Occidental Petroleum Corp. agreed on March 25 to add three associates of Carl Icahn to its board, ending the battle between the billionaire investor and the Occidental board over its 2019 acquisition of rival Anadarko Petroleum.
Andrew Langham, Nicholas Graziano and Margarita Paláu-Hernández will join the Houston-based oil and gas producer’s board as independent directors, according to a company news release.
News of the truce was first reported by the Wall Street Journal and follows the appointment of Stephen Chazen, a former CEO of Occidental, as board chairman, which reportedly was made to appease Icahn.
“We believe Oxy is a good company with good assets,” Icahn said in a statement. “We are pleased to have reached this settlement and can now focus on working with Steve Chazen to enhance value for all Oxy stockholders.”
In a separate release, Occidental also announced another round of deep spending cuts despite already reducing its budget and decreasing its shareholder dividend earlier this month in response to the oil market collapse.
Occidental now plans to spend about $2.8 billion in 2020, almost half of its original budget for the year of $5.3 billion. As a result, the company expects its oil and gas production to fall 6% compared to prior guidance.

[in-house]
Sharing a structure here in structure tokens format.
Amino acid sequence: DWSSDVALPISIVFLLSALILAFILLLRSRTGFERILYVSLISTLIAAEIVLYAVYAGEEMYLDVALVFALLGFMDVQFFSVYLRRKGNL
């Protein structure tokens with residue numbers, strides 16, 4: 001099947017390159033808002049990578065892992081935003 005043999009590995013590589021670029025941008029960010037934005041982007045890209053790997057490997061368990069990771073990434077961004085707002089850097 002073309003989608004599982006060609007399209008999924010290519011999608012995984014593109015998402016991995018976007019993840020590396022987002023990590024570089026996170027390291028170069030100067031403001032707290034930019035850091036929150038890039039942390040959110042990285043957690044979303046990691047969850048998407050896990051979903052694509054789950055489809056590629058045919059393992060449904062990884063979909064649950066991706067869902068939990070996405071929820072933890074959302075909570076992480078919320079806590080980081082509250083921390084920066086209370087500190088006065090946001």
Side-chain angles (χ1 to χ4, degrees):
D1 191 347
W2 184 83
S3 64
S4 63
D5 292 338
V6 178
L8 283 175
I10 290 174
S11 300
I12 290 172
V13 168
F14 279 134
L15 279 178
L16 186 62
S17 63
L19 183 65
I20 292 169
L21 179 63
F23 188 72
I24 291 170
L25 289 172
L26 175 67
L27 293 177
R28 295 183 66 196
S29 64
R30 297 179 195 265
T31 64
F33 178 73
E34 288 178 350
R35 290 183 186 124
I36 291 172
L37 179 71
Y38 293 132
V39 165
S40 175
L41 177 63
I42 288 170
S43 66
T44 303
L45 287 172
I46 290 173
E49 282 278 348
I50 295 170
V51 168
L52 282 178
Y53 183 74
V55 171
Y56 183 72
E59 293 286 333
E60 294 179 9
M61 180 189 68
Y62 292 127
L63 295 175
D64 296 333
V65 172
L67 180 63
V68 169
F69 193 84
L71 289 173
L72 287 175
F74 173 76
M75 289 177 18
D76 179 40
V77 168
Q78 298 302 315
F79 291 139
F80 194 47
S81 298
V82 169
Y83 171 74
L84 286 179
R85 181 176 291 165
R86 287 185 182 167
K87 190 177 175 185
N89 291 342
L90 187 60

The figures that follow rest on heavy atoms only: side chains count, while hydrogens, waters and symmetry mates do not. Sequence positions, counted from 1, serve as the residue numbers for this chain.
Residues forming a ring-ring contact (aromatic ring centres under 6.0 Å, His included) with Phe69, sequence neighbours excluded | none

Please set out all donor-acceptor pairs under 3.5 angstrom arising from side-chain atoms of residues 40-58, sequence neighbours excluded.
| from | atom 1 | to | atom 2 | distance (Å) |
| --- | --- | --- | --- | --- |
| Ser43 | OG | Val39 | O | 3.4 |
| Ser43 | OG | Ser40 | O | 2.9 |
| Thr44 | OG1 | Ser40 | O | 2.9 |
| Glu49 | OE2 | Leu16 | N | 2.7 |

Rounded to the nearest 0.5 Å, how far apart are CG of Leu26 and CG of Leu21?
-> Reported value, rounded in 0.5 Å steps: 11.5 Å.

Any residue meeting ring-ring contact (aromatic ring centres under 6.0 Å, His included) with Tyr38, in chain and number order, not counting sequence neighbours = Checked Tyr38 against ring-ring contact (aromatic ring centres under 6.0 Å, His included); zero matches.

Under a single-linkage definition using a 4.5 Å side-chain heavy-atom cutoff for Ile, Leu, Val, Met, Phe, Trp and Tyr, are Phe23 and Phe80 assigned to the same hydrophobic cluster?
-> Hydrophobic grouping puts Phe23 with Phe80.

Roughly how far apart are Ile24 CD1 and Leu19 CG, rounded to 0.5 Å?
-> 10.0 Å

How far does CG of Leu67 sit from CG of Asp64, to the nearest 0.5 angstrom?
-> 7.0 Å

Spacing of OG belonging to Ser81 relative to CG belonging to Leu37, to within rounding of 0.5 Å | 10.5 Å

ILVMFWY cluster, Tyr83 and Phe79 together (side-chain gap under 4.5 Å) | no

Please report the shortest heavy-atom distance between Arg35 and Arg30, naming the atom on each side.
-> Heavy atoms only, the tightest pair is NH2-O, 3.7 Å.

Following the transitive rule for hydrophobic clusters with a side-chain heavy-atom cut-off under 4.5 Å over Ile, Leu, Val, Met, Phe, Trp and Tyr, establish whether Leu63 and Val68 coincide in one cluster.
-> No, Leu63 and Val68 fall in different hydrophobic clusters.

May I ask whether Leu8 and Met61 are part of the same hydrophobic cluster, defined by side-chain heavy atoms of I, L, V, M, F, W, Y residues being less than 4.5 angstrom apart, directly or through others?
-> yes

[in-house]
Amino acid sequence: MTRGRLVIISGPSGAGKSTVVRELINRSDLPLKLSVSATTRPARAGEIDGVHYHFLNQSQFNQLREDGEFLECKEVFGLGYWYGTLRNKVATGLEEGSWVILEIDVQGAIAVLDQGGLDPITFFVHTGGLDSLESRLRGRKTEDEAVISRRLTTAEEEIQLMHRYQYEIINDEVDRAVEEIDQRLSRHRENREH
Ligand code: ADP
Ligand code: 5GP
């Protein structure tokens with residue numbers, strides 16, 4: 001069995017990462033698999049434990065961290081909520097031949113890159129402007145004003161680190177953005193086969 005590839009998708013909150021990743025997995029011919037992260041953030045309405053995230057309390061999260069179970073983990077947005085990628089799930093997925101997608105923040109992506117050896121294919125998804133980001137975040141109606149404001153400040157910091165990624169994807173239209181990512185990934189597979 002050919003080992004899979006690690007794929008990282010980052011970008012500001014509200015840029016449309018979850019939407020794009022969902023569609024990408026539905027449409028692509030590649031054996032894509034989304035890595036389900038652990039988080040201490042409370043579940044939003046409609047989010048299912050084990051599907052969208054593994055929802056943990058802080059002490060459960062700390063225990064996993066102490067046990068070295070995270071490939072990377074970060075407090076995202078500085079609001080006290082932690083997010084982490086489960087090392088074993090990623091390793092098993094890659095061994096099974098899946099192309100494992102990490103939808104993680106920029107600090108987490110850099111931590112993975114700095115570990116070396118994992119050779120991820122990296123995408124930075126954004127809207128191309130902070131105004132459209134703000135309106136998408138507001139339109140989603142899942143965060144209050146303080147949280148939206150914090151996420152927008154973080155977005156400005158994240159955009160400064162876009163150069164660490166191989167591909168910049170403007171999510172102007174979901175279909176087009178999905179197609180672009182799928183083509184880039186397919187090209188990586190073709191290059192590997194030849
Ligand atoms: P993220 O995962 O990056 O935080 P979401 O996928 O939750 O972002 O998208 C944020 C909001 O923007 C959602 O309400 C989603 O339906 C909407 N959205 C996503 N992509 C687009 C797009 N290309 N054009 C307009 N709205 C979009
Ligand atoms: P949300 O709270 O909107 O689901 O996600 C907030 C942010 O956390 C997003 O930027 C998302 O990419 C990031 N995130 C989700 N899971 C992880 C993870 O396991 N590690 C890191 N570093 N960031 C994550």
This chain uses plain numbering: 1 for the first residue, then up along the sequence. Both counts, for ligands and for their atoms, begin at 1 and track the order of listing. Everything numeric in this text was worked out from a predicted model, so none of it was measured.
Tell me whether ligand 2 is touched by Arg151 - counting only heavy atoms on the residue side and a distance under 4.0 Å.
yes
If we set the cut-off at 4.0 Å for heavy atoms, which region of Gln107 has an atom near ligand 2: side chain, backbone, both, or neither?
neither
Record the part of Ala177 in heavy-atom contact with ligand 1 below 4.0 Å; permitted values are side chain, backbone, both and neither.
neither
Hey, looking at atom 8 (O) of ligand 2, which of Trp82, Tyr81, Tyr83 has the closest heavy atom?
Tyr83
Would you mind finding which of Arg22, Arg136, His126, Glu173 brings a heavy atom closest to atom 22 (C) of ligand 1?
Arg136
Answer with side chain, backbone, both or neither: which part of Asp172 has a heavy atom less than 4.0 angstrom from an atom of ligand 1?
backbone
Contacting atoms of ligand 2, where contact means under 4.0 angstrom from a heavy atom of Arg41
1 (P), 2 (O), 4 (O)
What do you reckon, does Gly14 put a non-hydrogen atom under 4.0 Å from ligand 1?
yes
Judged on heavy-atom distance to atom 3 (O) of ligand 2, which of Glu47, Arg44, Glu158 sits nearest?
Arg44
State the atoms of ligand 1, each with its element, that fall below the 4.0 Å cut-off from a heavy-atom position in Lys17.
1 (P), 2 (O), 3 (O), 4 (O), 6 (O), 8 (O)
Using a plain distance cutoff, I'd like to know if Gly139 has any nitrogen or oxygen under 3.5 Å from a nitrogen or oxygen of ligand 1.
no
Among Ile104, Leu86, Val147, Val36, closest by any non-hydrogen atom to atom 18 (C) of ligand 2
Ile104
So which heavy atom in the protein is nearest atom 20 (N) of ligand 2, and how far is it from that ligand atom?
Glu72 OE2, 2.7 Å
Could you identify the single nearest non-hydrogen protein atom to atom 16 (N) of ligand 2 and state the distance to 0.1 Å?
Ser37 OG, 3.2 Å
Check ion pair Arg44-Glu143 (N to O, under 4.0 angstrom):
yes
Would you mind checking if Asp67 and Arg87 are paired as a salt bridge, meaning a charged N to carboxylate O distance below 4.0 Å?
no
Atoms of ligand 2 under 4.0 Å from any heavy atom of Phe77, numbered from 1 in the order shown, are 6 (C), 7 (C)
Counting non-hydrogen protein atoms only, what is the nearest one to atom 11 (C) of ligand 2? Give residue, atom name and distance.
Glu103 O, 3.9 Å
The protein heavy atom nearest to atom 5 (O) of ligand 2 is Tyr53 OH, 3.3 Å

Additionally, Occidental expects to save another $600 million this year through salary and operating cost cuts. Reuters reported this includes a pay cut of 81% to the salary of CEO Vicki Hollub. Salaries of other top executives will be reduced by an average of 68%, according to a memo reviewed by Reuters.
“Based on our team’s recent efforts, we now expect to significantly lower our costs in all aspects of the business,” Hollub said in a statement. “We will continue to take actions as necessary to further strengthen our balance sheet and ensure the long-term viability of our business.”
Reuters contributed to this report.
Pin Oak Energy closed a transaction with a Shell affiliate to acquire roughly 43,000 acres prospective for Utica Shale development in northwestern Pennsylvania.
The orders to temporarily suspend new oil and gas leasing are expected to impact large swathes of acreage onshore in mostly Western states, as well as offshore drilling acreage located mainly in the U.S. Gulf of Mexico.
The two buyers in the Green River Basin and non-core acreage sales were not disclosed.